Thursday, May 7, 2015

good for nothings

"Do not be too moral. You may cheat yourself out of much life so. 
Aim above morality. 
Be not simply good, be good for something"
--Henry David Thoreau, Letter to Harrison Gray Otis Blake

I have not yet read Walden, so it is probably very bad form of me to criticize a man whose main work I do not know.
But, that quote above of Thoreau's, from the very moment I heard it, rankles the core of my heart like none other. It smacks of an American pragmatism, that actively denies any sort of transcendental need in the human person, and simply tells the human being that they ought to aspire not to be good, but to be an agent of "good".
This is slightly problematic, because, firstly: the world breaks down when goodness for its own sake is not worth achieving.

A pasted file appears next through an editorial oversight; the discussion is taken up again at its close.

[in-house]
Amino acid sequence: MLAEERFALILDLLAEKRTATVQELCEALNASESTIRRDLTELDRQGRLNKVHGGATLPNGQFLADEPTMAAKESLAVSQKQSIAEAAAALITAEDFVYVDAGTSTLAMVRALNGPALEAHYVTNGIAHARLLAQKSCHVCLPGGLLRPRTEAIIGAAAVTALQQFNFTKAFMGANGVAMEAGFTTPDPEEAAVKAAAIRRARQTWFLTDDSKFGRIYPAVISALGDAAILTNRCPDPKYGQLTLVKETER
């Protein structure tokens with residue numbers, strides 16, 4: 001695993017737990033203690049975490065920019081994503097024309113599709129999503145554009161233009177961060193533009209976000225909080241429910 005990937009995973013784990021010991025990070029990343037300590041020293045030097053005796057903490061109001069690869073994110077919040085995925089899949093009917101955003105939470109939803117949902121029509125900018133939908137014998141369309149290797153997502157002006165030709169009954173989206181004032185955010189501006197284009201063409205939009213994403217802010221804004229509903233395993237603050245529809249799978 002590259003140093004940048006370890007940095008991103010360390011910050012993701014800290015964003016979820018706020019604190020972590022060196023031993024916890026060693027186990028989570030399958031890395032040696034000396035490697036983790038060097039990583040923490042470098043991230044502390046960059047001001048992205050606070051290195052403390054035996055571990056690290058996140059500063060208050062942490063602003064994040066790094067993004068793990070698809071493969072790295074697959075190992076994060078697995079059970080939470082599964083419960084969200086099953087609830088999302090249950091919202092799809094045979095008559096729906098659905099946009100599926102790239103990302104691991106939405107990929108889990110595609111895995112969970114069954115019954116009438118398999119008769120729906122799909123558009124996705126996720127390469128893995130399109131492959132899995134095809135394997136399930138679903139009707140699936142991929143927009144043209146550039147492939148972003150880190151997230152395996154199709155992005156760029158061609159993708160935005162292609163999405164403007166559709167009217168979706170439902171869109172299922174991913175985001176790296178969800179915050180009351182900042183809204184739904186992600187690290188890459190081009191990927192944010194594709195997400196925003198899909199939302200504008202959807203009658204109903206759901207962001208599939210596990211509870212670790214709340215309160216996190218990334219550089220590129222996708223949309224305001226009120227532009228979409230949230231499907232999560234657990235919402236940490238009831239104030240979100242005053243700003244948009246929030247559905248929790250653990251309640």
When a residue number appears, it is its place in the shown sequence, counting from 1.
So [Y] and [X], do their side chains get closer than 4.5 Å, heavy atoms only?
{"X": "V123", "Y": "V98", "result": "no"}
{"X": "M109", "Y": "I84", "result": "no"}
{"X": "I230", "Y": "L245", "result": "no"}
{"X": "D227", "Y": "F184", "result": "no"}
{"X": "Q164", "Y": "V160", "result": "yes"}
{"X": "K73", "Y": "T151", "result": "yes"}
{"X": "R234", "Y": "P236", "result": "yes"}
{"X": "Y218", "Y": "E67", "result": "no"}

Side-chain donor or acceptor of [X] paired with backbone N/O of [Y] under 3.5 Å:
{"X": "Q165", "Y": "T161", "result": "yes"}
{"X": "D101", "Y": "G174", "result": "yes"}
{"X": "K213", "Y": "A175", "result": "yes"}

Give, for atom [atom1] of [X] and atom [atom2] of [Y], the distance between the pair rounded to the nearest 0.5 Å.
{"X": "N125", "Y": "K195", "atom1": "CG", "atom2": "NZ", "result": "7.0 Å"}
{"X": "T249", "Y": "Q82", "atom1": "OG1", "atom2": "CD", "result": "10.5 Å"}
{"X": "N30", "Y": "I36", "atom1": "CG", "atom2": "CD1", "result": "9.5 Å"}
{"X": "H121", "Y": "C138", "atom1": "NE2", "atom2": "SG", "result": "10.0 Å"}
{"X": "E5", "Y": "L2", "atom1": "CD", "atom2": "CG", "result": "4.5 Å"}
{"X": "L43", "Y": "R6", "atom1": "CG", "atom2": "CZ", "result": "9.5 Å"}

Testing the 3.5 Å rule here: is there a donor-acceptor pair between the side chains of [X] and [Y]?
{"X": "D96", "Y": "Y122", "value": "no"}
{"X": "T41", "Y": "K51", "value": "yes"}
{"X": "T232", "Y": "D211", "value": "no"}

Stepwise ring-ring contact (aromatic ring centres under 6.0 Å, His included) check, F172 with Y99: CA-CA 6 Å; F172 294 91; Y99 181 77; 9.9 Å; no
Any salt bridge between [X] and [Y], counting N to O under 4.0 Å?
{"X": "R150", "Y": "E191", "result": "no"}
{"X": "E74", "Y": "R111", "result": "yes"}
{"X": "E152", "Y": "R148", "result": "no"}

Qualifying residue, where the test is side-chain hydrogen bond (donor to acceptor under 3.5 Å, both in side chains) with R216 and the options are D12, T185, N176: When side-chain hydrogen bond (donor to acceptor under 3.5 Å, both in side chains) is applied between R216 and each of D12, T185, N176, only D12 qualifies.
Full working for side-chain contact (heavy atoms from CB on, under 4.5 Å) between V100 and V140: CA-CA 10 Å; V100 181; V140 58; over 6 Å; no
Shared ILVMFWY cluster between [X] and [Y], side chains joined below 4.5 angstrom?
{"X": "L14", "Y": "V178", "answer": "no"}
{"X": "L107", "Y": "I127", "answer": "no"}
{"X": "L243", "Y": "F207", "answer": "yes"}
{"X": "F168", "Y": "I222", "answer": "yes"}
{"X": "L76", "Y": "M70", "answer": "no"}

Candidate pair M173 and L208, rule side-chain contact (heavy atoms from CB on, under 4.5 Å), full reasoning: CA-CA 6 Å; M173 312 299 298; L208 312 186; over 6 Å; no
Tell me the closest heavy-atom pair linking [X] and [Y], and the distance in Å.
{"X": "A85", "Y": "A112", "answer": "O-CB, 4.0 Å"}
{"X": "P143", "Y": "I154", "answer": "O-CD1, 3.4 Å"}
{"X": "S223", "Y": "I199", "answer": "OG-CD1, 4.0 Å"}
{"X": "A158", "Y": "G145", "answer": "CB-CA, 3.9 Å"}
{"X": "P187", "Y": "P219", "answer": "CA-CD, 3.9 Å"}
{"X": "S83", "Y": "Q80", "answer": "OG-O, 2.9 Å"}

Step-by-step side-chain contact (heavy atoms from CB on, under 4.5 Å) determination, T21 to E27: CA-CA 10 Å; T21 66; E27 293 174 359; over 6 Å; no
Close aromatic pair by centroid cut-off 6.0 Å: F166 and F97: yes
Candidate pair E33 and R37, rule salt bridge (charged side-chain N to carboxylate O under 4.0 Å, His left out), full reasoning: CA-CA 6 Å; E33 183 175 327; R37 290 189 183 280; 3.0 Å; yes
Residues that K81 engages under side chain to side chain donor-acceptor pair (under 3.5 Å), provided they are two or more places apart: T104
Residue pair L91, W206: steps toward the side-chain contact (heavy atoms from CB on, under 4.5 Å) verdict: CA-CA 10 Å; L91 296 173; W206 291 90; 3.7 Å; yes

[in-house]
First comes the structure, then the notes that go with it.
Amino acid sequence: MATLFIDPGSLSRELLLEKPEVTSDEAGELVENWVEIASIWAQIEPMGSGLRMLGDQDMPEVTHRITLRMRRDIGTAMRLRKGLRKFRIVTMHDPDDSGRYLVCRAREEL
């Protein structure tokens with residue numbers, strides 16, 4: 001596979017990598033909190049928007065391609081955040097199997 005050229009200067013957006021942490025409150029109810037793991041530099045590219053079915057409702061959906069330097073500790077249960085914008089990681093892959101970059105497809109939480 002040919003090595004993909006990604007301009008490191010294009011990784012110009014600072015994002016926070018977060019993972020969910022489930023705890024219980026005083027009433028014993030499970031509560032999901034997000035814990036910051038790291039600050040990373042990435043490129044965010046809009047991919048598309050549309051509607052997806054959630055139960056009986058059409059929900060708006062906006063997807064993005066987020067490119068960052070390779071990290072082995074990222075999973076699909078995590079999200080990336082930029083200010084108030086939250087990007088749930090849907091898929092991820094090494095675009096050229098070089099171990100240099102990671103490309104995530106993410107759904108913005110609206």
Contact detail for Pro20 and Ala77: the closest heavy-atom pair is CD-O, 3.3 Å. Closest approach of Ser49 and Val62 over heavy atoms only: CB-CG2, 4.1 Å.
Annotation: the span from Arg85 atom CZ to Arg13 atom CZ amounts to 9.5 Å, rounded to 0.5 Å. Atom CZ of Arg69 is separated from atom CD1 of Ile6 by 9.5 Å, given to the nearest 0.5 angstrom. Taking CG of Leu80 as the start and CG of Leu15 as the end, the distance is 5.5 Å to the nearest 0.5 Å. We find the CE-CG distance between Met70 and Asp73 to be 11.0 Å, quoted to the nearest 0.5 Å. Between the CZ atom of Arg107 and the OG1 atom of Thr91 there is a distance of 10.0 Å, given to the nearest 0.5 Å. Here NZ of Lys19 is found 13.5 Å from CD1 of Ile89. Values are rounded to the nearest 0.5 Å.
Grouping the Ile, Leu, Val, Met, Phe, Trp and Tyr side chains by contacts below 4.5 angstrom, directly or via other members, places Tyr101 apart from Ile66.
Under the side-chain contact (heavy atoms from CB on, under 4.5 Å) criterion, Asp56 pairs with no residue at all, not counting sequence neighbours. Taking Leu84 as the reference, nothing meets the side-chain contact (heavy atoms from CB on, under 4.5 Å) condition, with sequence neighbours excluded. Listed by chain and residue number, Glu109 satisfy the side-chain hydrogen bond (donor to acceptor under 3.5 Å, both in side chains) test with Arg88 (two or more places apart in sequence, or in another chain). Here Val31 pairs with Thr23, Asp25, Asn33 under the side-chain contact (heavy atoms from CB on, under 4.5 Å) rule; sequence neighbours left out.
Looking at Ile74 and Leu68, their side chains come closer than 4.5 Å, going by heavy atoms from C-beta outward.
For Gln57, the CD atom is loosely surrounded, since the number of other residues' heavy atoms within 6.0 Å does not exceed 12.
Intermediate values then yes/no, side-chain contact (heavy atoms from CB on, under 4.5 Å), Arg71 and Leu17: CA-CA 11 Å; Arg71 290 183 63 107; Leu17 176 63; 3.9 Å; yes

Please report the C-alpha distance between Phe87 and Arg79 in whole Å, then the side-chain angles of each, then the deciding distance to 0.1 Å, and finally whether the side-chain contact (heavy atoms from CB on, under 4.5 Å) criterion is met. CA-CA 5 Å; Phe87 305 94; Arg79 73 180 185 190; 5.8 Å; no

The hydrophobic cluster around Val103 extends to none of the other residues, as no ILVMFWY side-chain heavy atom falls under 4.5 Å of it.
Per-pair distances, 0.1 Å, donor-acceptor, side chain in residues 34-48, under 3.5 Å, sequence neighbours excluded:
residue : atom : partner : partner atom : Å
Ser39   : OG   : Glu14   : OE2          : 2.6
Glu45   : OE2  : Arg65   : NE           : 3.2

Secondly, goodness is inherently a mission-oriented virtue. Goodness, by its very definition is not just a stuffy, self-seeking quality. Goodness is the original dynamism of the world. Goodness is the only thing woth pursuing, for goodness is not just a state of ourselves, but it is a state of harmony in the world. 

For it is truly goodness that we seek: I understand that goodness is certainly mission-centric. That the point of being good is to then share goodness with others. But to seek the doing good before the being good is missing the most important step, which is a fundamental transformation of our natures at their very core.

For, in fact, we are not utiliatarian particles. I think, in our eager drive to go forth, do good, and change the world, it is easy to forget that.
To be a graduate of a top twenty university is to have the duty to transform the world. But, even if we were to become a person in charge of many millions of people, capable of swaying policy, we would matter nothing more, really, than if we had just spent all of our lives in a cabin in the middle of the Massachusetts woods.

We do not need to be good for anything.
We need only be good.

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